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In the last decade, there has been a renewed interest in ‘self-reliance’ as a remedy for protracted refugee crises. While self-reliance has been articulated as a key policy objective, scholars have been preoccupied with a key question: what is self-reliance and what interests does such a policy ultimately serve? Drawing on Jacques Derrida’s post-structuralist thought, this paper puts forward a deconstructive approach to examine how the concept of self-reliance is discursively constructed. Through an analysis of relevant policy documents, this paper examines the role that texts play in producing and reproducing the meaning of self-reliance. I argue that self-reliance is an inherently undecidable, or malleable, concept that is embedded in a system of binary oppositions within the refugee regime. In other words, self-reliance is constructed relationally, as it is defined by what it is and what it is not with reference to key concepts such as dependency, vulnerability, resilience, and entrepreneurship. Despite this ambiguity, self-reliance has a logocentric, or hegemonic, power, which makes it susceptible to be co-opted by various policy actors to suit their interests. I examine self-reliance within the context of the Kalobeyei Integrated Settlement in Turkana County, Kenya, to demonstrate the political implications of self-reliance’s logocentrism.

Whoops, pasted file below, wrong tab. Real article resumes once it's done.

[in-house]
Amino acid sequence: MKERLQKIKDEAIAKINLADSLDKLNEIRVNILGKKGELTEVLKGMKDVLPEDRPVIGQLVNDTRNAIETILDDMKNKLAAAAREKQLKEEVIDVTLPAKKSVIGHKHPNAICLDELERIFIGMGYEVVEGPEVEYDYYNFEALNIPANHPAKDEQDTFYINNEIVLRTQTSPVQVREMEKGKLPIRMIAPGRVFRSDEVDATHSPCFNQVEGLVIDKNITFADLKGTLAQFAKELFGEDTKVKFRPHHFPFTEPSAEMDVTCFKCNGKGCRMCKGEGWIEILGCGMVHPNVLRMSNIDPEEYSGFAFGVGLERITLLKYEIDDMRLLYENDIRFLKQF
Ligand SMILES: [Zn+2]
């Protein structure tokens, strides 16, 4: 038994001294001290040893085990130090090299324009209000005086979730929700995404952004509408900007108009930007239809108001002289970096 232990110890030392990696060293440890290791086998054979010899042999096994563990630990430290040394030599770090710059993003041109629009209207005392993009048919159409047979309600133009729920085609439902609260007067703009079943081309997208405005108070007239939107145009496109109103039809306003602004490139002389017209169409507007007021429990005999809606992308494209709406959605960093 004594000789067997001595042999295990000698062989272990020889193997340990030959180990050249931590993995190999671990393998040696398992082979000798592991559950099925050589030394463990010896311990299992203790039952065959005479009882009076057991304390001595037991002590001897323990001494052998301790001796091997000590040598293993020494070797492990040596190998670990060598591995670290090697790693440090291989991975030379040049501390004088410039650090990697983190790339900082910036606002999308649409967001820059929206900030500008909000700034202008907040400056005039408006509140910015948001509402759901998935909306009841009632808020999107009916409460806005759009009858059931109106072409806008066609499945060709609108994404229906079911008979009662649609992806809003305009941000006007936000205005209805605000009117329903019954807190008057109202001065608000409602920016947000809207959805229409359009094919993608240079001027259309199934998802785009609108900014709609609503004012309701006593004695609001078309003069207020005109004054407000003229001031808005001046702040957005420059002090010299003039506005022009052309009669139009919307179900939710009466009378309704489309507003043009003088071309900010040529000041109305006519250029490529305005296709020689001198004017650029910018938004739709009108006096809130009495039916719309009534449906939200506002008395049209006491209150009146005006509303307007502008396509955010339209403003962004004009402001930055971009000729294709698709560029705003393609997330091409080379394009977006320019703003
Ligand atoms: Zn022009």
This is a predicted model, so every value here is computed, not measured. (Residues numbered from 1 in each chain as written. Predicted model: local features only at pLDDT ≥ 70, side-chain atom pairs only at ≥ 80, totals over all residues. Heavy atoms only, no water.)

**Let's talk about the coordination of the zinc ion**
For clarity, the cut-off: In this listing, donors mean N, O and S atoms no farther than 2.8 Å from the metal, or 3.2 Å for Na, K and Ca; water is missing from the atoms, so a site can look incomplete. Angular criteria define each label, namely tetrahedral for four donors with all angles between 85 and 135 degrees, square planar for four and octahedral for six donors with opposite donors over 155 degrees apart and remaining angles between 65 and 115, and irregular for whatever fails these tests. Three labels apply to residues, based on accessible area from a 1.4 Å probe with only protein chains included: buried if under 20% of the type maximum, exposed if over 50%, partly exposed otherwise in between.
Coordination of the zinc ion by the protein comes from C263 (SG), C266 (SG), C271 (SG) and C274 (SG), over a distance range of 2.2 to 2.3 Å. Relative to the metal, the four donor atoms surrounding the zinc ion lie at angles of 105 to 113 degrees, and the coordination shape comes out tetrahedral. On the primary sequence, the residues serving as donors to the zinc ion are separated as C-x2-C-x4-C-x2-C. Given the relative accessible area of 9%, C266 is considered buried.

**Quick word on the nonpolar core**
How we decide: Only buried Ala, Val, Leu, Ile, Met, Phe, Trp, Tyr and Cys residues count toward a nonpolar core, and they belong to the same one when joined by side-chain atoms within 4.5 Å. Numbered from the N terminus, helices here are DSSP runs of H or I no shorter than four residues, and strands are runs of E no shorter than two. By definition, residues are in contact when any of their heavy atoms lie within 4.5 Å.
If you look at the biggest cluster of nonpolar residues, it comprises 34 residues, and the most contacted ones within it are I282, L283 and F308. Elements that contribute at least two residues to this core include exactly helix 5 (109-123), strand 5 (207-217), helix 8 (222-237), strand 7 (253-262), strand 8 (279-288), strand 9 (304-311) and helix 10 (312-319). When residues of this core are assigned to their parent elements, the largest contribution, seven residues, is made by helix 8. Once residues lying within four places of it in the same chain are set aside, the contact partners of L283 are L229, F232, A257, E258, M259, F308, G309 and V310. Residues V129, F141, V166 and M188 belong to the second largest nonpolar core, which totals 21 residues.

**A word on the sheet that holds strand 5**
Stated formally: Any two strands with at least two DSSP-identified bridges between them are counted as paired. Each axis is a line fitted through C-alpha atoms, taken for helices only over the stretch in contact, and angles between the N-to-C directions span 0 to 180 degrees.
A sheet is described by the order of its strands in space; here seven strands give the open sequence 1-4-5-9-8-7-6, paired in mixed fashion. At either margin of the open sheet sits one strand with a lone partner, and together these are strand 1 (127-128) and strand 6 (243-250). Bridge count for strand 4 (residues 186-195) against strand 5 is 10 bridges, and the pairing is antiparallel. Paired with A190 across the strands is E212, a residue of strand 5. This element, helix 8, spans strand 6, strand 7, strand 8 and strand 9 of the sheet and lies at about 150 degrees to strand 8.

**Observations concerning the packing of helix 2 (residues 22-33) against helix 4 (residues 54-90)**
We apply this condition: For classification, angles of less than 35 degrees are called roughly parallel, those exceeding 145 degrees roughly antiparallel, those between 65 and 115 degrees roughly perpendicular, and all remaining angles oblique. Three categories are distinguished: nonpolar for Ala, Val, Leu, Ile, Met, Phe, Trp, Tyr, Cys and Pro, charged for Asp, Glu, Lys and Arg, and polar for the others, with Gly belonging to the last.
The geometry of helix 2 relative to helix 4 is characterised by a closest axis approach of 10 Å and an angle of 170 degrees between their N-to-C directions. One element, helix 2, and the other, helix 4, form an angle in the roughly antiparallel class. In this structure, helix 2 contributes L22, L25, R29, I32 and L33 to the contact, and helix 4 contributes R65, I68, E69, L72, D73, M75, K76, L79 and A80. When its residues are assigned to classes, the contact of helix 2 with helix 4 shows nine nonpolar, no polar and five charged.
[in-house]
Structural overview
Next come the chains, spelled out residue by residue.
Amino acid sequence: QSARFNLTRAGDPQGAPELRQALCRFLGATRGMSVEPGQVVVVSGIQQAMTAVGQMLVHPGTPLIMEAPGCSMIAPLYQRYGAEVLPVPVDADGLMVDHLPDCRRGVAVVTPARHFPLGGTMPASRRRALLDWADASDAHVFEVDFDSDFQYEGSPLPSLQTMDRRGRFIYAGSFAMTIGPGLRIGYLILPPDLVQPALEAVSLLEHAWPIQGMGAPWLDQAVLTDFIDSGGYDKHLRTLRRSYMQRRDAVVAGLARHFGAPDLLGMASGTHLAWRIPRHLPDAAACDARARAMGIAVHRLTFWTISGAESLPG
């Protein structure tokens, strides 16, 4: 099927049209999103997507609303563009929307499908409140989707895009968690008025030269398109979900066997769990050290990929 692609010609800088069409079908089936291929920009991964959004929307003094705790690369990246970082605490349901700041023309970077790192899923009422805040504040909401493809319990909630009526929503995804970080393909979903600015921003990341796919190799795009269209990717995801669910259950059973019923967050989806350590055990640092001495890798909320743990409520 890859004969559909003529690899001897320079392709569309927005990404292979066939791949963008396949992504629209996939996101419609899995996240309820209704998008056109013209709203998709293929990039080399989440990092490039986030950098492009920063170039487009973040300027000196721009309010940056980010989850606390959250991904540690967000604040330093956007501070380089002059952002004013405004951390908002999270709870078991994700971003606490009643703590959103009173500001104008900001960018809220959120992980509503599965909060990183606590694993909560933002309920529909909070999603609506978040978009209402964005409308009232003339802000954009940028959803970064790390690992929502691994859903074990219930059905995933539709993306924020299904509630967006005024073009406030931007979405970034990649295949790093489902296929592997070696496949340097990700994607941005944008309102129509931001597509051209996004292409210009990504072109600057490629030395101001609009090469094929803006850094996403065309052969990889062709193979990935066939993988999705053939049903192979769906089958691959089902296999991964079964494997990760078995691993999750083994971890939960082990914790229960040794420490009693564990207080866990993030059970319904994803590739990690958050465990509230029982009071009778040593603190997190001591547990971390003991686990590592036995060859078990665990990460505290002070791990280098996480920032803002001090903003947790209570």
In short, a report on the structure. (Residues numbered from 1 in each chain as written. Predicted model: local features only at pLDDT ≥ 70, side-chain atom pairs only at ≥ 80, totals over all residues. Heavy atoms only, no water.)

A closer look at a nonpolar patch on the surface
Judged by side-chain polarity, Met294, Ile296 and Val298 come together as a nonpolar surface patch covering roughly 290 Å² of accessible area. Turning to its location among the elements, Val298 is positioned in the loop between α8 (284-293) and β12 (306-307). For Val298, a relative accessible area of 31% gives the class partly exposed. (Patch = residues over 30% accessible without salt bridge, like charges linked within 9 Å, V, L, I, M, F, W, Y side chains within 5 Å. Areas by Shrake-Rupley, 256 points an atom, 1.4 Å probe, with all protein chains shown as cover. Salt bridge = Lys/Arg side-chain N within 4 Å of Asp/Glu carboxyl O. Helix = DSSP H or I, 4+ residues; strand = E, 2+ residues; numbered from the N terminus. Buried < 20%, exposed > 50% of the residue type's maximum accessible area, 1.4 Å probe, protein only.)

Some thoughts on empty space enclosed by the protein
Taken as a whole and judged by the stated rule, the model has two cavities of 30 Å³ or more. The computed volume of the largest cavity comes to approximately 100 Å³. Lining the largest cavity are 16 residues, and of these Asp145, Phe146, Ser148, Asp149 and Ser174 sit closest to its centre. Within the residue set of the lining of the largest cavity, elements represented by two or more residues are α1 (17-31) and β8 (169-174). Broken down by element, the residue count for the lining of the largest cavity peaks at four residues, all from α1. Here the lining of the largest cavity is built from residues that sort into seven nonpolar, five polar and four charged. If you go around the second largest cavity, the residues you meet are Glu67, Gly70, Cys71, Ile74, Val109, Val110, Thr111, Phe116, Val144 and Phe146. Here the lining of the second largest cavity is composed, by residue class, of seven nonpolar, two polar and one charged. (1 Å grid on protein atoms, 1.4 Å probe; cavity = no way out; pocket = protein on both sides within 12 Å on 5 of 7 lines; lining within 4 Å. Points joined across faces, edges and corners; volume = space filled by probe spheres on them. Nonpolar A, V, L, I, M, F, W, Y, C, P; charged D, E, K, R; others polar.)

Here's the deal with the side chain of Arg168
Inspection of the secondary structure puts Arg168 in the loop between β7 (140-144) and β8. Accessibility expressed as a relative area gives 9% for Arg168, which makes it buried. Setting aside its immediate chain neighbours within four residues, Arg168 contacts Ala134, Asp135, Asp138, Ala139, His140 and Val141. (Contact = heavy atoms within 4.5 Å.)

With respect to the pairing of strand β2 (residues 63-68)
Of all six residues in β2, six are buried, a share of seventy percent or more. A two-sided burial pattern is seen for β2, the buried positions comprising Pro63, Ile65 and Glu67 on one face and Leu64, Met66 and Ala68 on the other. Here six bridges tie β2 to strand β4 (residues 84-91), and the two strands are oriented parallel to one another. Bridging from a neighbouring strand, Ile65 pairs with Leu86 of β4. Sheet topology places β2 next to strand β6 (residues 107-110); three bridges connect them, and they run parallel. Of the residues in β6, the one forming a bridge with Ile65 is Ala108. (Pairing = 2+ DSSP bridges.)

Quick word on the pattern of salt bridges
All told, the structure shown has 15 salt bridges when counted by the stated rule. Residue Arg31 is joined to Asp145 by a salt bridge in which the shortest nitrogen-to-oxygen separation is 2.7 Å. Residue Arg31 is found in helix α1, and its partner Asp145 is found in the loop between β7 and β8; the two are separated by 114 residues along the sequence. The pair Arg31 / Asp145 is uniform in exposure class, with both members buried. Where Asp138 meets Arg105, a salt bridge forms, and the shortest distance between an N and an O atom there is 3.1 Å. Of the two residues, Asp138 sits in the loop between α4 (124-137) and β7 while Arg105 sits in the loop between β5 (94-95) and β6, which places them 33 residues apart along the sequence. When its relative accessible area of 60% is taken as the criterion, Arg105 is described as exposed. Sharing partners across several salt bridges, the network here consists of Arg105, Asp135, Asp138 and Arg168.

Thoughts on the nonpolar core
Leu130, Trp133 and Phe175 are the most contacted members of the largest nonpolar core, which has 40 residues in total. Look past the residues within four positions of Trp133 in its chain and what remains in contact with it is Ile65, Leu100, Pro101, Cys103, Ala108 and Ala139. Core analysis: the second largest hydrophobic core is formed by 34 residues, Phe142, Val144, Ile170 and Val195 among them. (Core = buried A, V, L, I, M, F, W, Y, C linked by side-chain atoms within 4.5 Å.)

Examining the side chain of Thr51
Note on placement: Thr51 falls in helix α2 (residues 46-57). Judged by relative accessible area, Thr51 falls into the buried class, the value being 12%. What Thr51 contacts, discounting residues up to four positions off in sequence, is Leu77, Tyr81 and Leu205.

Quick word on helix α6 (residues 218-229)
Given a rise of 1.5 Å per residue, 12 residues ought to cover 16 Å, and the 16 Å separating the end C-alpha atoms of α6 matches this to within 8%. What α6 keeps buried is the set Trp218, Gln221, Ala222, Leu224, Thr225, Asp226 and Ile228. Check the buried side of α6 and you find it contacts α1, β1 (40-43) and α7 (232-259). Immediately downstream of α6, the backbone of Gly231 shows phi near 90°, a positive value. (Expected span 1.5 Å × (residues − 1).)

Working paper


Refugee Studies Centre

Publication Date



RSC Working Paper Series 139

Total pages